This is seen as an insurance policy designed to prevent a hard border on the island of Ireland if the U.K. and EU can't agree a trade deal in a post-Brexit transition period (only envisaged if there is a deal). As it stands, the backstop would keep Northern Ireland and the rest of the U.K. in a customs union with the EU, making it very unpopular with Brexiteers in Parliament.
The BBC reported Monday that the government could be considering a compromise over the Irish "backstop" in that it could be applicable to Northern Ireland only, potentially placating Brexiteers — albeit at the expense of lawmakers bent on keeping the U.K. indivisible in terms of law.
Although opposition parties defeated Johnson's bids to hold an early election (his Conservative Party still leads opinion polls) most did so because they wanted to see the threat of a no-deal Brexit dissipate.
The legislation to block a no-deal Brexit was not enough for many lawmakers, however, with several opposition parties wanting to see the departure date delayed before agreeing to a snap election (Johnson needs two-thirds of Parliament to approve a snap vote).
With Parliament also suspended now until October 14 and the no-deal Brexit legislation in place, most Brexit watchers now see a snap election as likely to happen in November, after a possible delay to the departure date.
How the pro-Brexit Conservatives and Brexit Party will fare, compared to opposition parties largely opposing Brexit or at least calling for another referendum on the issue, is now a matter of debate.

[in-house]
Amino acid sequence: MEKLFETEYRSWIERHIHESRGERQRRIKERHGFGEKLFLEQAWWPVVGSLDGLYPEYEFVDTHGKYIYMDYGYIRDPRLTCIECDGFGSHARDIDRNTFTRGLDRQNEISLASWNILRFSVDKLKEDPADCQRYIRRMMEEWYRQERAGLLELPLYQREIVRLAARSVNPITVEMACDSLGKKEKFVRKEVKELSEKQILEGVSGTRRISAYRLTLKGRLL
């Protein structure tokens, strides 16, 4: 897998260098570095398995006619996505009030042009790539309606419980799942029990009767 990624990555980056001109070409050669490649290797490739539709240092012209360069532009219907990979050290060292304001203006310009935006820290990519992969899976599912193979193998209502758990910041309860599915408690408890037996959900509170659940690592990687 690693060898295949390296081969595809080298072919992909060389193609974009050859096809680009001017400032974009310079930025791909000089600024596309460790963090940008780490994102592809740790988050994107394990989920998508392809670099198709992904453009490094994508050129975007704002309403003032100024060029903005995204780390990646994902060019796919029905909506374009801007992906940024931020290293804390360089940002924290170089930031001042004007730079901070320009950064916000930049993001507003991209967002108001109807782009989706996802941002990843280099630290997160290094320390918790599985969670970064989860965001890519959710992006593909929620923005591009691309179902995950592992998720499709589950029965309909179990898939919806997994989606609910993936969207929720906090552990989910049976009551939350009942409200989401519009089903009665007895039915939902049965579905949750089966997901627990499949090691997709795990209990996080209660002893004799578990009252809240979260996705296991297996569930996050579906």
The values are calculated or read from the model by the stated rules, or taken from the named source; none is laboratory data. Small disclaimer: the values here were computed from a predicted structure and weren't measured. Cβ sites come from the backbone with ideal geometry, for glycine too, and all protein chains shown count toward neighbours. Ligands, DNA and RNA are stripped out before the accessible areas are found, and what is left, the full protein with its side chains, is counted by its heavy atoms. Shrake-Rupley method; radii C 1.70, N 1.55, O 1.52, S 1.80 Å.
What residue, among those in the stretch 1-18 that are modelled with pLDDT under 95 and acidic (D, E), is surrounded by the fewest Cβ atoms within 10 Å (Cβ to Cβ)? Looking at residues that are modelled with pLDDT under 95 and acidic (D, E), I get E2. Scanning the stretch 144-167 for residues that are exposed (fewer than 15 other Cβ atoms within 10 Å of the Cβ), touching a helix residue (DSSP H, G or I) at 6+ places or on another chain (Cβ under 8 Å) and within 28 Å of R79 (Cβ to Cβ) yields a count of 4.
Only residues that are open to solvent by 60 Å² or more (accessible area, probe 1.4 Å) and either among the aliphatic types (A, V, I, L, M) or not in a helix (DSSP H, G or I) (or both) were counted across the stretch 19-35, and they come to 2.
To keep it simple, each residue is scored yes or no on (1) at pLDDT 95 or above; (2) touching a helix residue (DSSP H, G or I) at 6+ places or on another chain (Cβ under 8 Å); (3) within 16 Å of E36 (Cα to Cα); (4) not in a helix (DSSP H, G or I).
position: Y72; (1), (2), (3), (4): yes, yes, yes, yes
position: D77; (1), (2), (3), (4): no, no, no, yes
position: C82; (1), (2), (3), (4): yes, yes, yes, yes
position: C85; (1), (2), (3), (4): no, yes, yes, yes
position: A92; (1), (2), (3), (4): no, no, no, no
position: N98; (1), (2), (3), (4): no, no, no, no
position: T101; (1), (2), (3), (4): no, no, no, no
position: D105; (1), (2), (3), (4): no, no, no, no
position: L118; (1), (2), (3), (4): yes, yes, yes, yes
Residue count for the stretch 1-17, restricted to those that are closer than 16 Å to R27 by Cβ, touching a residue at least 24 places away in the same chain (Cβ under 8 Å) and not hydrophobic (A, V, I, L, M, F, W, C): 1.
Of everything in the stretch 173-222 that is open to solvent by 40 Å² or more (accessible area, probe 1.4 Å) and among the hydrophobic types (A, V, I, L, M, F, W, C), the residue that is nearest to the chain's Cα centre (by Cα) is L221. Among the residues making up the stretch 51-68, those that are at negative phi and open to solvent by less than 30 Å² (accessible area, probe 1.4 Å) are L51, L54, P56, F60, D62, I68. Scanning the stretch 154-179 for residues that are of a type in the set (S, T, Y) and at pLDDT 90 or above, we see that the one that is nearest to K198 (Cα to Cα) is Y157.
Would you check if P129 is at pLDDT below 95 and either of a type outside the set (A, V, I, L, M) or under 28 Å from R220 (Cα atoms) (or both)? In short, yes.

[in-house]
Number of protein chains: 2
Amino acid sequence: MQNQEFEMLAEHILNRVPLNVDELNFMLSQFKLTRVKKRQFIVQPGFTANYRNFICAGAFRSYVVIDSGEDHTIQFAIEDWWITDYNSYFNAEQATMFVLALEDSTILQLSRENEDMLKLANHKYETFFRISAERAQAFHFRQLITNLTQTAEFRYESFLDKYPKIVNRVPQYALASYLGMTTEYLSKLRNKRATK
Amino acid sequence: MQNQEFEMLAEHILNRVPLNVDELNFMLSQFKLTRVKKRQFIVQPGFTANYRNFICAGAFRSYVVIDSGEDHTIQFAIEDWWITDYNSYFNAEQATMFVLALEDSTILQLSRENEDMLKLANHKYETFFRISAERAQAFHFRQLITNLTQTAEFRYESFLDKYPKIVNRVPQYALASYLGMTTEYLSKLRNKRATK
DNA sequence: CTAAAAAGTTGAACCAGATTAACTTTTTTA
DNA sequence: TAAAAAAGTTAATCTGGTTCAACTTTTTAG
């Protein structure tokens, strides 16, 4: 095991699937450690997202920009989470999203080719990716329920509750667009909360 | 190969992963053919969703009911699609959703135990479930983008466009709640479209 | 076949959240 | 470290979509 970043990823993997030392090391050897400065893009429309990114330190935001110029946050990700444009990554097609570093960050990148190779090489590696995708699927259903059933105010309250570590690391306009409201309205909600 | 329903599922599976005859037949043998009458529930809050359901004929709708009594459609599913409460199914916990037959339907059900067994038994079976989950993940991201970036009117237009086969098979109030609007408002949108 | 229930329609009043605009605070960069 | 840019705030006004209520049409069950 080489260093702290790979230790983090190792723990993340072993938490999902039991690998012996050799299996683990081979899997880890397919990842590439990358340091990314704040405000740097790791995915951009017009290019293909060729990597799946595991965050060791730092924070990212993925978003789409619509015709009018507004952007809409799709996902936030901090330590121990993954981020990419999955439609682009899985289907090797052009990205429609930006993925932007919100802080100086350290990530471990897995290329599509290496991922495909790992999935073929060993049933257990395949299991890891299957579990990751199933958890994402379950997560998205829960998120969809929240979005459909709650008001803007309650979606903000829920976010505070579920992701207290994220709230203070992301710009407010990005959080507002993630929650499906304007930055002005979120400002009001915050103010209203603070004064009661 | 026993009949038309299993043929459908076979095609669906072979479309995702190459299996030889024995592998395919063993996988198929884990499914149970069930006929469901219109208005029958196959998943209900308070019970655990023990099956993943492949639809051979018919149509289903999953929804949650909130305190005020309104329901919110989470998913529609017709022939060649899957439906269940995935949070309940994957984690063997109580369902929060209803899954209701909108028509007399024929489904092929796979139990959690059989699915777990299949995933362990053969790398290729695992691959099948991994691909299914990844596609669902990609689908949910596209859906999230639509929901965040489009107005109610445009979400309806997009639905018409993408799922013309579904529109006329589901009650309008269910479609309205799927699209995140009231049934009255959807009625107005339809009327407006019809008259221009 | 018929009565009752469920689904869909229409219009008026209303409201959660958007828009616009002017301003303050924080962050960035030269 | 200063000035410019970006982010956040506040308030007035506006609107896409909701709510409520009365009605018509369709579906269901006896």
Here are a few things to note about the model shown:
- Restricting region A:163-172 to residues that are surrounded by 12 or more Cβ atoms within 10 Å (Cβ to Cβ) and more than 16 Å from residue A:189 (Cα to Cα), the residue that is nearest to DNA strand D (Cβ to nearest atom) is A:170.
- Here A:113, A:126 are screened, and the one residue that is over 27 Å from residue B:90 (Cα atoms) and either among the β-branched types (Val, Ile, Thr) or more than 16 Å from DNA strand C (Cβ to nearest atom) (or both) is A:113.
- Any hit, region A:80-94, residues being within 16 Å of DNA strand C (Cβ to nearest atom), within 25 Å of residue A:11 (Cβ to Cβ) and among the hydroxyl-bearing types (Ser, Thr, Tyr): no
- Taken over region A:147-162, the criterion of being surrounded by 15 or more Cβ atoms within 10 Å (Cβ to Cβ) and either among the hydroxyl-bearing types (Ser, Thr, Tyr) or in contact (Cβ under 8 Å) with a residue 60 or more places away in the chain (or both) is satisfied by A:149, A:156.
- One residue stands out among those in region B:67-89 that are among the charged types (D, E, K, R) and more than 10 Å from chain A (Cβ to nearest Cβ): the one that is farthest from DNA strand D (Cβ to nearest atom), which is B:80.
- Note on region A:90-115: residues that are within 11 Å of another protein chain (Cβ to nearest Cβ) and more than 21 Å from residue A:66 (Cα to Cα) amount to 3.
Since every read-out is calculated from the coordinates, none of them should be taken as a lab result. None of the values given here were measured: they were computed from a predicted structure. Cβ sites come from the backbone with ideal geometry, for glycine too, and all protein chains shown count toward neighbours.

Kallum Pickering, senior economist at Berenberg Bank, said in a note Tuesday that "the prospect of an election and/or second referendum looms large," forecasting an election in November.
"Despite the turmoil in Westminster, the high chance that the U.K. will ask the EU for a further Brexit delay (given a probability of 85% up from 40%) decisively reduces the risk of a no deal on 31 October (2.5% from 30%). However, the prospect of an election and/or second referendum looms large — this keeps the hard Brexit risk alive."
With speculation that Johnson's government could be considering the proposal of a compromise over the "backstop" policy, some experts believe that a deal could still possibly be passed before October 19.
Goldman Sachs' base case scenario says "there is no pre-Brexit general election and a Brexit deal is struck and ratified by the end of October," according to its European Economist Adrian Paul.
"In substance, we think that deal is unlikely to look very different from the Brexit deal already negotiated between the EU and the U.K. — a deal that was repeatedly rejected under PM May's premiership."
Still, Goldman Sachs notes that a delayed departure could lead to a November election in which either the one-issue Brexit Party could do well leaving "the path open to a 'no deal' Brexit early next year."
Alternatively, opposition parties could unite to try to bring about a second referendum. "The potential for the Liberal Democrats or the SNP (Scottish National Party) to accrue influence in a minority government led by the Labour Party after a November general election preserves a path to a second referendum," the Goldman analysts noted.
Goldman has revised down the probability on a "no-deal" Brexit from 25% to 20% and the probability of "no Brexit" from 30% to 25%.